In a recent piece for RH Reality Check, their Senior Legal Analyst Jessica Mason Pieklo argues that prolife business owners are trying to undermine settled science by claiming they have moral qualms with covering emergency contraceptive.
The question, framed by Reuters as “deceptively simple” of whether certain forms of birth control prevent conception or destroy a fertilized egg, is not actually a controversy or debate within the mainstream scientific and medical community. In fact, the mainstream scientific and medical community all agree that the vast majority of emergency contraceptives don’t prevent fertilization, and that pregnancy begins at implantation.The last sentence is confusing because I’m wondering if Pieklo thinks fertilization and implantation are synonymous or if she made a typo. Pieklo links to a Guttmacher paper which undermines her claim since it says, “Rather, both Plan B and ella work primarily by preventing ovulation” which, if true, would mean they do prevent fertilization since there would be no ovulation, ergo no fertilization.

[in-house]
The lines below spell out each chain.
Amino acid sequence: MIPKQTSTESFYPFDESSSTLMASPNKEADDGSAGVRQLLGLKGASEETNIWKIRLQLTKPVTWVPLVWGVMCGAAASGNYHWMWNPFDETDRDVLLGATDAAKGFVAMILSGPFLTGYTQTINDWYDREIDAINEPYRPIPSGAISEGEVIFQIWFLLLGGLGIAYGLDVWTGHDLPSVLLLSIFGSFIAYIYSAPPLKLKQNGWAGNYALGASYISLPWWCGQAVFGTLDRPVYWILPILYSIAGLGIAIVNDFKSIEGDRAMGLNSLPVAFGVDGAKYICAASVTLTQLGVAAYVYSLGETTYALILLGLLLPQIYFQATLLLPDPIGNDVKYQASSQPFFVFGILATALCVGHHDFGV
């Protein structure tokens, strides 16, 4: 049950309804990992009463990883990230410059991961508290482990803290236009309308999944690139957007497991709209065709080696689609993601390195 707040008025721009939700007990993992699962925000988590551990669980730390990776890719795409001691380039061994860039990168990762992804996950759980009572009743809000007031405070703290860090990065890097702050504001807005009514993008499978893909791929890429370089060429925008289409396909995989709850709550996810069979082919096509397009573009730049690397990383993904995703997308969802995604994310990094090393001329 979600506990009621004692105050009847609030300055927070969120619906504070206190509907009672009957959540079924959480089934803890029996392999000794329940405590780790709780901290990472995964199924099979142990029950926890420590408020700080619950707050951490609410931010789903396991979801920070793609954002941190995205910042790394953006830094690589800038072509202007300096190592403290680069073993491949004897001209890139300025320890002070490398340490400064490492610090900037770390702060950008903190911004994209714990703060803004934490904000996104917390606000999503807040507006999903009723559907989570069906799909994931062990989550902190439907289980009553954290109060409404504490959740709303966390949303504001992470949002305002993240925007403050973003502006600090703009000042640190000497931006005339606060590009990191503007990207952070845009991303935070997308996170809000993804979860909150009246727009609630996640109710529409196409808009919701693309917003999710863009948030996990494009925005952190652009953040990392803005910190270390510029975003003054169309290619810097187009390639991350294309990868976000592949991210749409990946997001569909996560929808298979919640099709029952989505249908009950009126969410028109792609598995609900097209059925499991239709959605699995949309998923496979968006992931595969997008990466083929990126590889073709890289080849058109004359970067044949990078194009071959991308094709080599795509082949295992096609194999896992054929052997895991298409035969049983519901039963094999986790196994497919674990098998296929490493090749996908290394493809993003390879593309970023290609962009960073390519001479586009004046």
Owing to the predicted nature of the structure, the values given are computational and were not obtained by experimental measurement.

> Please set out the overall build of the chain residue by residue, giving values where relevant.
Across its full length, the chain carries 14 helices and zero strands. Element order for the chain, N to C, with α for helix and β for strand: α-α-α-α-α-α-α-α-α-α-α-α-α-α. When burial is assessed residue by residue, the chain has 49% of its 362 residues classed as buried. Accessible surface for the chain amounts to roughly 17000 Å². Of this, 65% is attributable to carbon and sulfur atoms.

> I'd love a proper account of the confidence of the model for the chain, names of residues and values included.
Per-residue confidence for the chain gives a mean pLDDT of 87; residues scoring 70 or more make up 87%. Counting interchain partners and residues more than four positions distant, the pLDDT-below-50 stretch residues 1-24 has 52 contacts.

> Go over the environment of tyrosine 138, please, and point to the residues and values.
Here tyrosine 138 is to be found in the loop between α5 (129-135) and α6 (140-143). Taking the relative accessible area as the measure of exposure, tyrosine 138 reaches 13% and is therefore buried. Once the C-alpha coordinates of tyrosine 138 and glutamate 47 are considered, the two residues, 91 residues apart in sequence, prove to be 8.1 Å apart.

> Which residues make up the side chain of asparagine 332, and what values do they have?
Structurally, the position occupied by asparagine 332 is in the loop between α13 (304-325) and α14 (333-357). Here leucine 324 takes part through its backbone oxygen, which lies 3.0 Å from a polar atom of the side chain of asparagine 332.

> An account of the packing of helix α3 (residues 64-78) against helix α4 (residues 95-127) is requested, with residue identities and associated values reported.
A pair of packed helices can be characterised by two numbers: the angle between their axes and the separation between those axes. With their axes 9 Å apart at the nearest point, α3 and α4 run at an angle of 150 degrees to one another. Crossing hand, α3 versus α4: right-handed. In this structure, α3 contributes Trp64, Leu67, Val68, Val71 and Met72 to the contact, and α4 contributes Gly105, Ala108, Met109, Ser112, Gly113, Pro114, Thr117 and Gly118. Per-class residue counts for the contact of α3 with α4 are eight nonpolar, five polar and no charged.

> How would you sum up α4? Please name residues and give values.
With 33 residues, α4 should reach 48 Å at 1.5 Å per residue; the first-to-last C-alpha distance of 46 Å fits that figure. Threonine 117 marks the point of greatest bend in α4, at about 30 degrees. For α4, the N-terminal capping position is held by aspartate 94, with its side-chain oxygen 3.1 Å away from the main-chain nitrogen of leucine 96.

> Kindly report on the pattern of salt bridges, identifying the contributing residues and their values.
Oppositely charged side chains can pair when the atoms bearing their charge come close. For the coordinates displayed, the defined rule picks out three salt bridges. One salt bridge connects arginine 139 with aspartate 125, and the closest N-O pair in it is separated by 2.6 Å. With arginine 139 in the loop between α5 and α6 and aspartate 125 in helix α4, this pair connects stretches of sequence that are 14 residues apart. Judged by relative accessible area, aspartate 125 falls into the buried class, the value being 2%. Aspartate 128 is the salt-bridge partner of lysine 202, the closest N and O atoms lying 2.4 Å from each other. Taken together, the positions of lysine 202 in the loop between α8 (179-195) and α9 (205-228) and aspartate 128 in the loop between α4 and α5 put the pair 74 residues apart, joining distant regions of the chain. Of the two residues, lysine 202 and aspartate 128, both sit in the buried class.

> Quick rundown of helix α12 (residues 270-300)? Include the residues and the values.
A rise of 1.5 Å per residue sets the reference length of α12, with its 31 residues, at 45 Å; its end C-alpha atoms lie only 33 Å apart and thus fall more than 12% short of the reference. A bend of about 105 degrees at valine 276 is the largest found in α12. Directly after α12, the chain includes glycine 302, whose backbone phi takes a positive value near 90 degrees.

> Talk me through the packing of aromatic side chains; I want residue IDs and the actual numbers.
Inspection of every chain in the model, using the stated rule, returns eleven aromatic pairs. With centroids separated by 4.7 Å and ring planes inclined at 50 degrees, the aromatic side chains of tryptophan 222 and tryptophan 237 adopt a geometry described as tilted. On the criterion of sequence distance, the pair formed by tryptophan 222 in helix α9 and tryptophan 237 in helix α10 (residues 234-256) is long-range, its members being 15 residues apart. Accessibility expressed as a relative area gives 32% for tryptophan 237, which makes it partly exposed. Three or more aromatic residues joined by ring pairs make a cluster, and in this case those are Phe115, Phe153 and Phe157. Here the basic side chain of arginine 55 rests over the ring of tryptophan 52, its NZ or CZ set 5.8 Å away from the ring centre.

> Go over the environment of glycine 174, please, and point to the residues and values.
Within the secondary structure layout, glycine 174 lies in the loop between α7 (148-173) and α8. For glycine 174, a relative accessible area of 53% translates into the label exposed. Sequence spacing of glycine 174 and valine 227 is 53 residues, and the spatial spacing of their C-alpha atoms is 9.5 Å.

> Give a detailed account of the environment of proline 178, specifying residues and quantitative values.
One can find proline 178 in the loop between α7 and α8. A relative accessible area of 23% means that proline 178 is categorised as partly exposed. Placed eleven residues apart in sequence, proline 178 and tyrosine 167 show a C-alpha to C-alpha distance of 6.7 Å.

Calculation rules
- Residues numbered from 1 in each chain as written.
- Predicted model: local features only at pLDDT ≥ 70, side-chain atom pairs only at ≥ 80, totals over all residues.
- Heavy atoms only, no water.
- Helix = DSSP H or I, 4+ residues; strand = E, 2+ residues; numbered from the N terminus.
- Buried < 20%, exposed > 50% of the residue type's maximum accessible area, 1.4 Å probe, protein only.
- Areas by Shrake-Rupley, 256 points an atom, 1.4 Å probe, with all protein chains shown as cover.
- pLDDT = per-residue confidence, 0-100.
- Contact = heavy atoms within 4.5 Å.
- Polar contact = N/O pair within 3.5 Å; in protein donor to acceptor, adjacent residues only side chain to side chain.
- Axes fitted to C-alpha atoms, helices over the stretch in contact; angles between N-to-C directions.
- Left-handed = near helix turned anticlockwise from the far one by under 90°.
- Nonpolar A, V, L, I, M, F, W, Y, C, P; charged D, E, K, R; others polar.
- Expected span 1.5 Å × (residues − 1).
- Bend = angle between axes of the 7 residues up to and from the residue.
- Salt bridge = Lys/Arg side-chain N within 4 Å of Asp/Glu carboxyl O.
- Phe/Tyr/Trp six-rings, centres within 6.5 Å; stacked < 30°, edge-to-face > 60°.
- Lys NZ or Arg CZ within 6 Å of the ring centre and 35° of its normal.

She also doesn’t seem to understand that defining pregnancy as beginning at implantation doesn’t change whether a human embryo (or “fertilized egg” in RH Reality Check jargon) is destroyed or not. Nor would it alleviate prolife concerns. Maybe this is a case of pro-choicers constantly trying to use language to deceive others that they struggle to understand the meaning of the terms they're using.
The more you read of Pielko, the more you realize she doesn’t appear to have any clue what she is talking about.
In 2003, Congress passed the “Partial-Birth Abortion Act,” a law that banned a specific type of abortion procedure known as an intact D&E (dilation and evacuation) without any exception for the life of the pregnant person.Wrong. Here’s the text of the law in PDF. On the bottom of page 6, the text clearly has a life of the mother exception.
This subsection does not apply to a partial-birth abortion that is necessary to save the life of a mother whose life is endangered by a physical disorder, physical illness, or physical injury, including a life-endangering physical condition caused by or arising from the pregnancy itself.Pielko continues talking about the law:
The law was eventually challenged, and in 2006 the Roberts Court sided with Congress, holding that so long as a matter of science is up for debate, lawmakers are free to pick a side in that debate in passing legislation if their doing so is reasonable.Nope. The case was decided on April 18, 2007.
If Pielko’s the senior legal analyst at RH Reality Check, I can’t imagine how bad the regular legal analyst’s are.